Darwin’s Islands of the Arabian Sea

Second

Galapagos,

but more mysterious—

how to classify the phoenix:

burning,

 

dying—

but then reborn;

or classify the djinn:

a man or a woman—but then

incense

 

falling

into bottles,

scent like apple blossoms

pervading the space. Yes, Darwin

hinted

 

magic.

Einstein’s paper

on the subject called them

cosmological unconstants.

Dark force,

magic—

they are wonders!

I will not ignore them,

for the phoenix does burn and live

again;

 

the djinn

do transform, then

make three wishes come true.

I would ask for ever-blooming

tulips,

 

then wait

ten years to ask

a second wish: then wait

twenty years thinking hard about

the third.

 

Could I

bring back the dead?

With one wish or with three—

forget tulips—whom would I choose

to bring?

M. SHAYNE BELL received a Creative Writing Fellowship from the National Endowment for the Arts (1991). His poem, “One Hundred Years of Russian Revolution," was a finalist for the Rhysling Award (1989). His poetry has been published in The Fibonacci Review, The Ghazal Page, Shot Glass Journal, Typishly, Dialogue, Sunstone, Amazing Stories, Asimov’s, etc. His haiku have been published in Modern Haiku, The Heron's Nest, Tinywords, Sunstone, and Mainichi Japan.

Bell also publishes science fiction and fantasy. His story “Mrs. Lincoln’s China” was a finalist for the Hugo Award (1995). His story “The Pagodas of Ciboure” was a finalist for the Nebula Award (2002). He received a first place Writers of the Future award (1990) for his story “Jacob’s Ladder." His works include the novel Nicoji, the anthology Washed by a Wave of Wind: Science Fiction from the Corridor (for which he received an Award for Editorial Excellence from the Association for Mormon Letters [1994]), and the story collection How We Play the Game in Salt Lake. His nearly 100 published stories have appeared in Asimov’s,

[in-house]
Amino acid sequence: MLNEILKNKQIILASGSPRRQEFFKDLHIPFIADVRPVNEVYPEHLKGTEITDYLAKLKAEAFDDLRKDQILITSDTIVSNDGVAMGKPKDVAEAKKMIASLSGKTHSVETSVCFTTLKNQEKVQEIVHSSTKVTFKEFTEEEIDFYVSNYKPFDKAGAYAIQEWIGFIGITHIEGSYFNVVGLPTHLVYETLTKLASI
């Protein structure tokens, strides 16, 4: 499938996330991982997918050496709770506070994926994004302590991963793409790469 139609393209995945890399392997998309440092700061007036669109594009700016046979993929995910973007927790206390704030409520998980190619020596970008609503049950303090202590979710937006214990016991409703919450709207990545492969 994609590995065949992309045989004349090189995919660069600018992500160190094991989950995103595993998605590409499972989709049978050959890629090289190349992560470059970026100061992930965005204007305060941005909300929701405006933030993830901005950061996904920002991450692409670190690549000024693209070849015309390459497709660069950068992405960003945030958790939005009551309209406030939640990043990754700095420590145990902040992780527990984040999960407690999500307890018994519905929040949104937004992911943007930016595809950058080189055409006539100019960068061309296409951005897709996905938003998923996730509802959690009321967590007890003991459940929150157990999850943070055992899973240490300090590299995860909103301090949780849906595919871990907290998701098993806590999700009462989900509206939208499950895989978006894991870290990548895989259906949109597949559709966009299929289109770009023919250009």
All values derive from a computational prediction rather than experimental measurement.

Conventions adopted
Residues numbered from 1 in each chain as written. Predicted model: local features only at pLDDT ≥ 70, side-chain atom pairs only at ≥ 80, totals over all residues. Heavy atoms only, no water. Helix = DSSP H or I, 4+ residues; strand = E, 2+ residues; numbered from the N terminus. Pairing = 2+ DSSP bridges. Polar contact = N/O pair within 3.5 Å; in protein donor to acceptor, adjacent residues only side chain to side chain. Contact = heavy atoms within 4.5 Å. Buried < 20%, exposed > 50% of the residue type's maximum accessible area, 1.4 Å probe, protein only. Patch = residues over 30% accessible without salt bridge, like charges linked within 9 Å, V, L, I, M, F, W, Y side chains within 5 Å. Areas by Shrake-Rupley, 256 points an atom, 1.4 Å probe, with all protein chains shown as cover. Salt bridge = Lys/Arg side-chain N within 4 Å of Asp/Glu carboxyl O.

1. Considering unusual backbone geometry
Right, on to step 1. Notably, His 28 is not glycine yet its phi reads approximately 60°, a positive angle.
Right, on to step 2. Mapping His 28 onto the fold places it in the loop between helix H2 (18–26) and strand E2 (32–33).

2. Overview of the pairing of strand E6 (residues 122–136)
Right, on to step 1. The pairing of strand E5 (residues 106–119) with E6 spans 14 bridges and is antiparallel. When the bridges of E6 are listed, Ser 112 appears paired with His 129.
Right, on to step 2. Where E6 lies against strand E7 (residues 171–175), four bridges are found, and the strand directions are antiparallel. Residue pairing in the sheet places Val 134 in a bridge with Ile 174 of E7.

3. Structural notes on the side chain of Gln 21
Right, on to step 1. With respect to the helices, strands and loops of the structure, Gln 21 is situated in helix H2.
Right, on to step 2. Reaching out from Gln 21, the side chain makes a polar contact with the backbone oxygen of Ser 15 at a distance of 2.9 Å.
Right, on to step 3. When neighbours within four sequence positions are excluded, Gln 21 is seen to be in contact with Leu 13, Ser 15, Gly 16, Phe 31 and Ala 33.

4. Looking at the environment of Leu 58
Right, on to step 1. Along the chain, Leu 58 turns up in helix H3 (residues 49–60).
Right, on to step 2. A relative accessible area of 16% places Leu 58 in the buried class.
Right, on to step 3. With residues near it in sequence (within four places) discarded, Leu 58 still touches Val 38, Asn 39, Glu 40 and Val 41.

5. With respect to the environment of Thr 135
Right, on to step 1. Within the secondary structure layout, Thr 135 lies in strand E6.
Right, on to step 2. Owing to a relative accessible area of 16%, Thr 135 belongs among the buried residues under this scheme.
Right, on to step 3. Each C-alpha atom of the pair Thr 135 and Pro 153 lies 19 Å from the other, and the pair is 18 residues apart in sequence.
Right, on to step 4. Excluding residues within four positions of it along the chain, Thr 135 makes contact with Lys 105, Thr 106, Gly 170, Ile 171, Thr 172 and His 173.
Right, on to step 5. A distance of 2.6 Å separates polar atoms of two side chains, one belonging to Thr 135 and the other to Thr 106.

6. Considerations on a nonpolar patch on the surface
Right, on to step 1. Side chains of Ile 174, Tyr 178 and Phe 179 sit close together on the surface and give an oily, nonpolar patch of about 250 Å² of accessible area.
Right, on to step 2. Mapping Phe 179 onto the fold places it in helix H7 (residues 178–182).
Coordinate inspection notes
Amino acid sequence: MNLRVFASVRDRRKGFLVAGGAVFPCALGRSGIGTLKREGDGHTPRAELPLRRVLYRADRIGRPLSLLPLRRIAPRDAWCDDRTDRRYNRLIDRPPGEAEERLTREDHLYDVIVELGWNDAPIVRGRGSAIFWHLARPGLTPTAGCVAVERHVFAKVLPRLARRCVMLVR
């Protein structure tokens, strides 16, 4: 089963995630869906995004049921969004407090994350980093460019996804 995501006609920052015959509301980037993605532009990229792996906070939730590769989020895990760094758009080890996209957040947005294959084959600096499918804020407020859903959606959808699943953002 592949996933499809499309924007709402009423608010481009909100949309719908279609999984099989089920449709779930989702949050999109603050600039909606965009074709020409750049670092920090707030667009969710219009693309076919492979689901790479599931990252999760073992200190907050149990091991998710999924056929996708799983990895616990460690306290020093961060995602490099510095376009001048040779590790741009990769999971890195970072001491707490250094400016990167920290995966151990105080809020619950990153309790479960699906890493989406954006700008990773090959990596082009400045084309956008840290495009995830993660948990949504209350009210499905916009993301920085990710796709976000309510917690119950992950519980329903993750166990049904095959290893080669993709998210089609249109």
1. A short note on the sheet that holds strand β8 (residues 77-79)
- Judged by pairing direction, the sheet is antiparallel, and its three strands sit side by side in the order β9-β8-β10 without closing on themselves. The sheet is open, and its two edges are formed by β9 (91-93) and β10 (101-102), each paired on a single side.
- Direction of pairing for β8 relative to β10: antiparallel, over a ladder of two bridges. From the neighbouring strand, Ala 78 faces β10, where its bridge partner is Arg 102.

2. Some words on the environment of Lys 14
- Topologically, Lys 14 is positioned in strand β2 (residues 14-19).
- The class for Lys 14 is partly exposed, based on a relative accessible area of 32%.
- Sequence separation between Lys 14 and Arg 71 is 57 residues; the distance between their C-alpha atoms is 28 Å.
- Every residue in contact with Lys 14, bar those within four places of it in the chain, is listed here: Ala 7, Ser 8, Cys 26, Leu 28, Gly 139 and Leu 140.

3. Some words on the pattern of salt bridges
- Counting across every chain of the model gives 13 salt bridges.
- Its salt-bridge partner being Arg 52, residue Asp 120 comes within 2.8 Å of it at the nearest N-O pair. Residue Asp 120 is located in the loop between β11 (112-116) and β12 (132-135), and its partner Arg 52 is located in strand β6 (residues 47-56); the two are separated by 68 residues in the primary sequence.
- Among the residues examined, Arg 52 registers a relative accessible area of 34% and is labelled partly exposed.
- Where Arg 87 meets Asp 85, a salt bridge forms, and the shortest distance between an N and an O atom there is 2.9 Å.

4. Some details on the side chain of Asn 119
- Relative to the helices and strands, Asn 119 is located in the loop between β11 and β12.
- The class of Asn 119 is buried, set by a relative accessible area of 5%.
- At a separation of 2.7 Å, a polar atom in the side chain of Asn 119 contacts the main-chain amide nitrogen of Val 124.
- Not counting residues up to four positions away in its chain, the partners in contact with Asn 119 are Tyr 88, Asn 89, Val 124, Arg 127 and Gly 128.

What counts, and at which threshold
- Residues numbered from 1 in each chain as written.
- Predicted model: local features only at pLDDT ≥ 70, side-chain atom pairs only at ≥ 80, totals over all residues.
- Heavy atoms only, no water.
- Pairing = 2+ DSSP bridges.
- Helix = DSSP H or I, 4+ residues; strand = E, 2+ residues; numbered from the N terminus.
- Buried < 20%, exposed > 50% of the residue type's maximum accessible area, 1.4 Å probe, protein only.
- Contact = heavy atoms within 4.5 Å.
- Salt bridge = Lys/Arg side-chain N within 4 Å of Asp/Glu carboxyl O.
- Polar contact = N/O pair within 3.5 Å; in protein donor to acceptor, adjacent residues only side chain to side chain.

The Magazine of Fantasy and Science Fiction, Tomorrow, Analog, Amazing Stories, etc.; in
The Year's Best Fantasy and Horror (2003); and in three editions (2000, 2001, 2004) 
of The Year’s Best Science Fiction. He has written stories for both Star Wars and Star Trek.

Bell holds Bachelor’s (1982) and Master’s (1985) degrees in English Literature from Brigham Young University.

In 1993, Bell backpacked through Haleakala Volcano on Maui, from the summit to the sea, retracing an expedition Jack London went on in 1911. In 1996, Bell was part of an eight-day expedition to the summit of Kilimanjaro. Bell’s long-time companion, Drew Staffanson (a foreign correspondent who had been stationed at various posts in the Middle East), died in 2002. Bell grew up on a ranch outside of Rexburg, Idaho (USA); he and his six cats live in Rexburg.

©2018 HighShelfPress. 

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